When my nephew read the title of my first collection of poetry, he thought perhaps it would be easier to say “tumble” rather than “tumbled.” But I explained that TUMBLED DRY stems from my experience of tumbling which occurred early in my life, therefore the word needed to be in the past tense. But, tumbled is an active word, a word in which one can picture an object (or person) flip-flopping around while covering a lot of territory in a short amount of time before it lands. That was me. I was lucky to finally land on my feet and in one piece!
In my world, tumbled means to have the rough edges smoothed off—like agates in a tumbler. To throw all reason to the wind, to recklessly toss oneself into the thick of things and not have a clue how circumstances will end. Perhaps you were a “wild-child” once, or have considered embarking down that slippery slope. TUMBLED DRY will give you hope because it describes the change in a person’s life over time. The joy in daily living is evident in the final section, “Cast On/Cast Off” and no, the poem is not about knitting. You’ll have to buy a copy of the book to enjoy the humor in that poem.
TUMBLED DRY was recently nominated for a Northeastern Minnesota Book Award. So let’s hope that it tumbles right into the winners’ circle. Awards will be announced in Duluth on May 17.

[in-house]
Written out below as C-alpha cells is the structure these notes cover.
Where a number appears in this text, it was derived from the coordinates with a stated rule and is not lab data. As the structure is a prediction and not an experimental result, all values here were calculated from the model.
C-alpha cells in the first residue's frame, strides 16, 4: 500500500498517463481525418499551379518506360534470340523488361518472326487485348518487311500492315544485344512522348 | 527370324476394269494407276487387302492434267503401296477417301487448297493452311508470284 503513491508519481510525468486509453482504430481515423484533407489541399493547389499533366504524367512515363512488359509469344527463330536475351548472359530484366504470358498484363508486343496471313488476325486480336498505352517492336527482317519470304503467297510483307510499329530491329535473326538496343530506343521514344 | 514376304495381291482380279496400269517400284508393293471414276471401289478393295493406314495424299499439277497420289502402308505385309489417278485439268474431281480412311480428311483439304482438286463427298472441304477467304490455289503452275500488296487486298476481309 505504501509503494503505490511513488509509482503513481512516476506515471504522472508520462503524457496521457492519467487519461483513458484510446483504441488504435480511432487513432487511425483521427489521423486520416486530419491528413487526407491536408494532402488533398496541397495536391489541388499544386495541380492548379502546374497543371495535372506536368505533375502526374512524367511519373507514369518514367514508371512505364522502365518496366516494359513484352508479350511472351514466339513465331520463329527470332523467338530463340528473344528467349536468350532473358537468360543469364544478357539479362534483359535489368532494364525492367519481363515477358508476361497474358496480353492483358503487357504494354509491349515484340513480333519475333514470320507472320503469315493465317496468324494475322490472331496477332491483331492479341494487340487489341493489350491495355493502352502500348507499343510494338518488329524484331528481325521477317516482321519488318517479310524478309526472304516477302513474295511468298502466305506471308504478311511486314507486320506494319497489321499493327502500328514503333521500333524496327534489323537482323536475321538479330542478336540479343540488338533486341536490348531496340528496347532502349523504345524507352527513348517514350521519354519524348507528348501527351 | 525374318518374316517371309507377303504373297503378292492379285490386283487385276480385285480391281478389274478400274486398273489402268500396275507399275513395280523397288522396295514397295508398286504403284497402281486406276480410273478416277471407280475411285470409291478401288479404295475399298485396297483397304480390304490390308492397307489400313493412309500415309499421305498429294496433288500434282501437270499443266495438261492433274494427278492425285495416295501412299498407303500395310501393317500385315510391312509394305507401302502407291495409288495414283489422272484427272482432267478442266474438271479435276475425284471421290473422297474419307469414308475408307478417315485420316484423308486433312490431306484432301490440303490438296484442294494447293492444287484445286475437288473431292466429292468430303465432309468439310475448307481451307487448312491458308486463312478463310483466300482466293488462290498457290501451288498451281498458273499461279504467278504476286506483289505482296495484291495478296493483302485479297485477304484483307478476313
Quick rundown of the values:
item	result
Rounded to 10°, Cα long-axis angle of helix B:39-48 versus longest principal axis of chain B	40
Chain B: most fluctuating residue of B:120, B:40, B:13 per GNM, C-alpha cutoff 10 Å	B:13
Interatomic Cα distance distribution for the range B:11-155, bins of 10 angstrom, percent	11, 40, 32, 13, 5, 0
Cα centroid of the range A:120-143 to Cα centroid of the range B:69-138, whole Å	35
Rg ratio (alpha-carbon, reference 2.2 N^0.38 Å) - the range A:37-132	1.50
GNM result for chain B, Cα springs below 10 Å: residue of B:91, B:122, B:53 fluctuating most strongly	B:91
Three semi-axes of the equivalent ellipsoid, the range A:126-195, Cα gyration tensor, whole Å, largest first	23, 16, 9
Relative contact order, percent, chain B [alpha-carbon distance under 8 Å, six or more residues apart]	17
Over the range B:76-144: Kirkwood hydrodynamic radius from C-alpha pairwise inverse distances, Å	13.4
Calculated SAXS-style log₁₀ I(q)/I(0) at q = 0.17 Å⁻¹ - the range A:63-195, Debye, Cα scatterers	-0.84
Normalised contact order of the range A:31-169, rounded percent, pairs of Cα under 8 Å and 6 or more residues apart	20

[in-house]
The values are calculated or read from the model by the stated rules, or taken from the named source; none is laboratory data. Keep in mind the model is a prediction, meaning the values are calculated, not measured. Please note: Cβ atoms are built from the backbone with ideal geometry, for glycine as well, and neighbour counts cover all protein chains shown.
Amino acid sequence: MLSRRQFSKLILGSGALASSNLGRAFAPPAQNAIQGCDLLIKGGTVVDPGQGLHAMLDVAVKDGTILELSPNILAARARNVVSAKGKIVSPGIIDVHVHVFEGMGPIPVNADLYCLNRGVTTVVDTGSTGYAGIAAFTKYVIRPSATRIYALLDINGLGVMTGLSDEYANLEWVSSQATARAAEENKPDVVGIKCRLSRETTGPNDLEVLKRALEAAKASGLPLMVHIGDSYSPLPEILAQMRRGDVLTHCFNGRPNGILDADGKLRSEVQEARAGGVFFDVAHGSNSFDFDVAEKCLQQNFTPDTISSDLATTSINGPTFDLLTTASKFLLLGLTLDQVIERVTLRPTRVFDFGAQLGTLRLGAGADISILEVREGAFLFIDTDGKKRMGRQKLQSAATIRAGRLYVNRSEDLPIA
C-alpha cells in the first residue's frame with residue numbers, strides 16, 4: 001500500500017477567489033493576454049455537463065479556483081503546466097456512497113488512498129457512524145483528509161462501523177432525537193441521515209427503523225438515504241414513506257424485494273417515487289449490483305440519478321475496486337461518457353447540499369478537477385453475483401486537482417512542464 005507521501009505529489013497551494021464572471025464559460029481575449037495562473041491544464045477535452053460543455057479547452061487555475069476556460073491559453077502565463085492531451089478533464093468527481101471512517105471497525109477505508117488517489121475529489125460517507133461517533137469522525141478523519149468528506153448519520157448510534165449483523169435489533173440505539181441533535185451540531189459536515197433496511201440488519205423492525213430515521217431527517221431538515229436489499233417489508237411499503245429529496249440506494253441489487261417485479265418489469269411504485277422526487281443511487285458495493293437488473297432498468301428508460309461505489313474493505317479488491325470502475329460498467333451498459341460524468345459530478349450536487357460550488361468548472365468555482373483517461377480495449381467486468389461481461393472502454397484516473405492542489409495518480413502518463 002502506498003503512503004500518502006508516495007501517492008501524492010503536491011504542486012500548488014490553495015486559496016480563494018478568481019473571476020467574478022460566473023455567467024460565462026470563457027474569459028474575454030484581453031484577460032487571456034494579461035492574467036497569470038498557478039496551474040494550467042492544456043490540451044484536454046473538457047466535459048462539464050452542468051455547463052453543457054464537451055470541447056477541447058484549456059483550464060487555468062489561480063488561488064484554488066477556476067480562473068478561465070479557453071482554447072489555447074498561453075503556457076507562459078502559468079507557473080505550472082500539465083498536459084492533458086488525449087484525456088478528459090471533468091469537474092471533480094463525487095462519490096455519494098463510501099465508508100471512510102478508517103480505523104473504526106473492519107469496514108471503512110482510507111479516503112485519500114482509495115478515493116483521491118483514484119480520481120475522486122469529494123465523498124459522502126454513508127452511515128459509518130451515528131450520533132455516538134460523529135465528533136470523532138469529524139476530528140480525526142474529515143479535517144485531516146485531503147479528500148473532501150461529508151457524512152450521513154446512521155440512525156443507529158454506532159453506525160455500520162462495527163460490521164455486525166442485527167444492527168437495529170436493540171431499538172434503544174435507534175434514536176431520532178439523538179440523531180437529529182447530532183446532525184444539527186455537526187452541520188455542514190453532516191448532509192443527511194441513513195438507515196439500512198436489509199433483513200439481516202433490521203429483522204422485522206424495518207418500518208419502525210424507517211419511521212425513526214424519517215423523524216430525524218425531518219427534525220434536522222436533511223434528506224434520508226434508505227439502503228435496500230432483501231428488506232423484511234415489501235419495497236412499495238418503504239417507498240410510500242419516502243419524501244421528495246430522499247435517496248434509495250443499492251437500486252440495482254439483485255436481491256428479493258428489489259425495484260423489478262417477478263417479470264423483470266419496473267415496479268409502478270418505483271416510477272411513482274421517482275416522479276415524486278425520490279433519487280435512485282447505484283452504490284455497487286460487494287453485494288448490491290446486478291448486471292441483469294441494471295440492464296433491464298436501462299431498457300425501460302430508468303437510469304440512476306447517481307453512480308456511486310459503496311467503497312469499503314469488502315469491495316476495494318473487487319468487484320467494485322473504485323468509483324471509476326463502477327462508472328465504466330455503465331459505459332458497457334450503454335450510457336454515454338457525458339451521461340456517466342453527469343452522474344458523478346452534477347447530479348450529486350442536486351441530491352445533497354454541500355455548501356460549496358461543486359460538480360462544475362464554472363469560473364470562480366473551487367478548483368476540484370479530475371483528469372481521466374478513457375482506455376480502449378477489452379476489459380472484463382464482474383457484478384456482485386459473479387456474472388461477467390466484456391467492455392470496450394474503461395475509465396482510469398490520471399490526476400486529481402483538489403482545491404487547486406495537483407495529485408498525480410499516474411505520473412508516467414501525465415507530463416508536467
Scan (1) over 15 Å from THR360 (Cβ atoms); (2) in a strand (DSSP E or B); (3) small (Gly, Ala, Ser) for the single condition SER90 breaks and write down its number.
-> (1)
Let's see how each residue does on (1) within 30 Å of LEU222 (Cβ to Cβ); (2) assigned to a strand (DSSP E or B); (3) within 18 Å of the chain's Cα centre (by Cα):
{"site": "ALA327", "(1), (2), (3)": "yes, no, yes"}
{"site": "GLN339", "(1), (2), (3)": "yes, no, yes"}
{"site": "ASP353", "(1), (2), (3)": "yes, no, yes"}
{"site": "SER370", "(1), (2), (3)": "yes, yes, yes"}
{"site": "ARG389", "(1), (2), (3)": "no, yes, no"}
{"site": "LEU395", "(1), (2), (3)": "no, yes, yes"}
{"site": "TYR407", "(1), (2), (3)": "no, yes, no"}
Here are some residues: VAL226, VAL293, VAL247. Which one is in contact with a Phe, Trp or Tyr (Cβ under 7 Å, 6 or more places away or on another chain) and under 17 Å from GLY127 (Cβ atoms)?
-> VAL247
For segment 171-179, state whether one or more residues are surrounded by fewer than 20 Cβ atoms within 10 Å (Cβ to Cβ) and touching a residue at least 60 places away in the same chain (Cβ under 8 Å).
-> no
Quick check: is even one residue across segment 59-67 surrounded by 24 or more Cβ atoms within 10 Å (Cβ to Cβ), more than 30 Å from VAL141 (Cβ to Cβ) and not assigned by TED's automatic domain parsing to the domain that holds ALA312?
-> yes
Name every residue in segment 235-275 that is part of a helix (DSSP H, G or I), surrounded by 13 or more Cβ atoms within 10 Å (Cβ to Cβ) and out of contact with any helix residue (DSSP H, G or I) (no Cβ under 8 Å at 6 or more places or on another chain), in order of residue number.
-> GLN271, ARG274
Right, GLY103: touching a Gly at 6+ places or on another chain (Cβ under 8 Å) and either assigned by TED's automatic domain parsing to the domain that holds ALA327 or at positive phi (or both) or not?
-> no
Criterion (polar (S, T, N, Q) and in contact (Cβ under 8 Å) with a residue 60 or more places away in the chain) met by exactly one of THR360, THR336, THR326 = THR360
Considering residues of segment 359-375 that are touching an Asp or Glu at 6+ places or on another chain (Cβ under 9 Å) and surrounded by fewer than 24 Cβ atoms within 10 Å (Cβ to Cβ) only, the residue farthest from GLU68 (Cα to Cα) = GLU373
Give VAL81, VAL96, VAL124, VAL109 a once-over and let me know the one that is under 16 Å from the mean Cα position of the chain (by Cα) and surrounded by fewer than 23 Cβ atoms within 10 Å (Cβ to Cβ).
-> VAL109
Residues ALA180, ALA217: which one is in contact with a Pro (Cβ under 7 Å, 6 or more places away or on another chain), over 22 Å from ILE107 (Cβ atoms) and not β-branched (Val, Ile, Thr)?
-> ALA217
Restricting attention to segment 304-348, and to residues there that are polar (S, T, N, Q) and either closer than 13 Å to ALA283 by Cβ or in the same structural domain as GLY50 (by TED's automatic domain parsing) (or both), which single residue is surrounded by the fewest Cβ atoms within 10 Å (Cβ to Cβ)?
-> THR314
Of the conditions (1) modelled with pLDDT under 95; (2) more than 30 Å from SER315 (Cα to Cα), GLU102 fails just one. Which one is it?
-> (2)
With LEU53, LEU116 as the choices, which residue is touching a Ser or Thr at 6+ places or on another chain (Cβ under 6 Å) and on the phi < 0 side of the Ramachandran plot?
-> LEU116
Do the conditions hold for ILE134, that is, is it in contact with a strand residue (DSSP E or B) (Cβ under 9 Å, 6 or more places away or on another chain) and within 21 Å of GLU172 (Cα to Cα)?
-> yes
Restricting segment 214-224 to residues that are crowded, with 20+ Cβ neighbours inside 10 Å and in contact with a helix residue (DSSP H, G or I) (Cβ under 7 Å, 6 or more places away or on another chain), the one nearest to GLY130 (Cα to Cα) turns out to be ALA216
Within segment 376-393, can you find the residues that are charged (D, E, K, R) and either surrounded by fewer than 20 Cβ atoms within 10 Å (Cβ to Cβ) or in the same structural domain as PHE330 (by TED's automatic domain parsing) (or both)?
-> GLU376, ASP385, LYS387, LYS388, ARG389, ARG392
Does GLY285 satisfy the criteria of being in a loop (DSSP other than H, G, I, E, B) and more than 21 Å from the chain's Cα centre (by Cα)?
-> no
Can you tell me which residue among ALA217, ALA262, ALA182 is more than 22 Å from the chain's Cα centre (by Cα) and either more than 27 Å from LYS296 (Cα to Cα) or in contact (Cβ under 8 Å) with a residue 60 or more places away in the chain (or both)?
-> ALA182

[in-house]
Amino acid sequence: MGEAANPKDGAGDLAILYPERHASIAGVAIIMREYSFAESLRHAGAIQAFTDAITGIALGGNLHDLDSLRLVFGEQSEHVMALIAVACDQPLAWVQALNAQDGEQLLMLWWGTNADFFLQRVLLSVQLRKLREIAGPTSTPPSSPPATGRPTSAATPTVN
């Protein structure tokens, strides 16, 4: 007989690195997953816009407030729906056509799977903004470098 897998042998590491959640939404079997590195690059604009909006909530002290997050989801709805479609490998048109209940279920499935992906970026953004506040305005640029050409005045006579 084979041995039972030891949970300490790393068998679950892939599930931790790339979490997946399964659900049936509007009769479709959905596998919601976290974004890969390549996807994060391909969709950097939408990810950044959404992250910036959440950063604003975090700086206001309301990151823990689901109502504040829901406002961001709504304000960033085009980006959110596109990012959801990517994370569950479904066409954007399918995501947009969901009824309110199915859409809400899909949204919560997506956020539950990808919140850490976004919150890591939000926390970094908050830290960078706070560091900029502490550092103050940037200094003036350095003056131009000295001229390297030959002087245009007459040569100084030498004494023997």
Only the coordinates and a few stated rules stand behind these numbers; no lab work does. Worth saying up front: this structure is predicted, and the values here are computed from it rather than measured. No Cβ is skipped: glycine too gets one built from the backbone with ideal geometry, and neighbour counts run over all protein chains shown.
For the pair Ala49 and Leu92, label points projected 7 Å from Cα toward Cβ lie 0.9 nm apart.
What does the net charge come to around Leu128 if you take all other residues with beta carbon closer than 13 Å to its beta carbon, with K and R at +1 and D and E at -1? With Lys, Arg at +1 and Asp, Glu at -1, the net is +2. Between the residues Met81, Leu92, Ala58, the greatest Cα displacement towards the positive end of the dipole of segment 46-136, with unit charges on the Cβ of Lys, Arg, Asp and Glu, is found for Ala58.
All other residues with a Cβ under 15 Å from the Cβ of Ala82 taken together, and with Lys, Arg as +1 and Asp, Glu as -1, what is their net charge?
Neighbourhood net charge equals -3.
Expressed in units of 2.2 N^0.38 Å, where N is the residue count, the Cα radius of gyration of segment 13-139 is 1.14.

While watching The Lawrence Welk Show
our parents called us wet behind the ears
as though we had a condition to be cured,
smoked to smithereens, or hung out to dry.
But, we teenagers were old enough
to know better and too young to care.
Whether the backs of our ears were dry
or not, we dared to tumble carelessly,
rough edges chipped off like agates
within a barrel, or dare devils who slid
down Niagara Falls on a whim. Scratched
and bruised, we usually survived the plunge.
Dryness may have implied a certain oldness,
bones creaking with old-school authority,
a Hee Haw humor we couldn’t swallow,
spit out before its redneck reckoning set in.
Billy Graham=s drive to save our souls
couldn’t save us from the persuasive draw
of the draft, free-love, and mind-blowing drugs.
Tune in, turn on, drop out was our motto—
champagne music and tiny TV bubbles were unreal
compared to acid rock, electrified wine, or keg beer.
We got lucky and had a second chance
to tumble dry, grab hold like drowning
victims seize lifelines, pay a quarter or more,
for what once cost a dime at the Laundromat.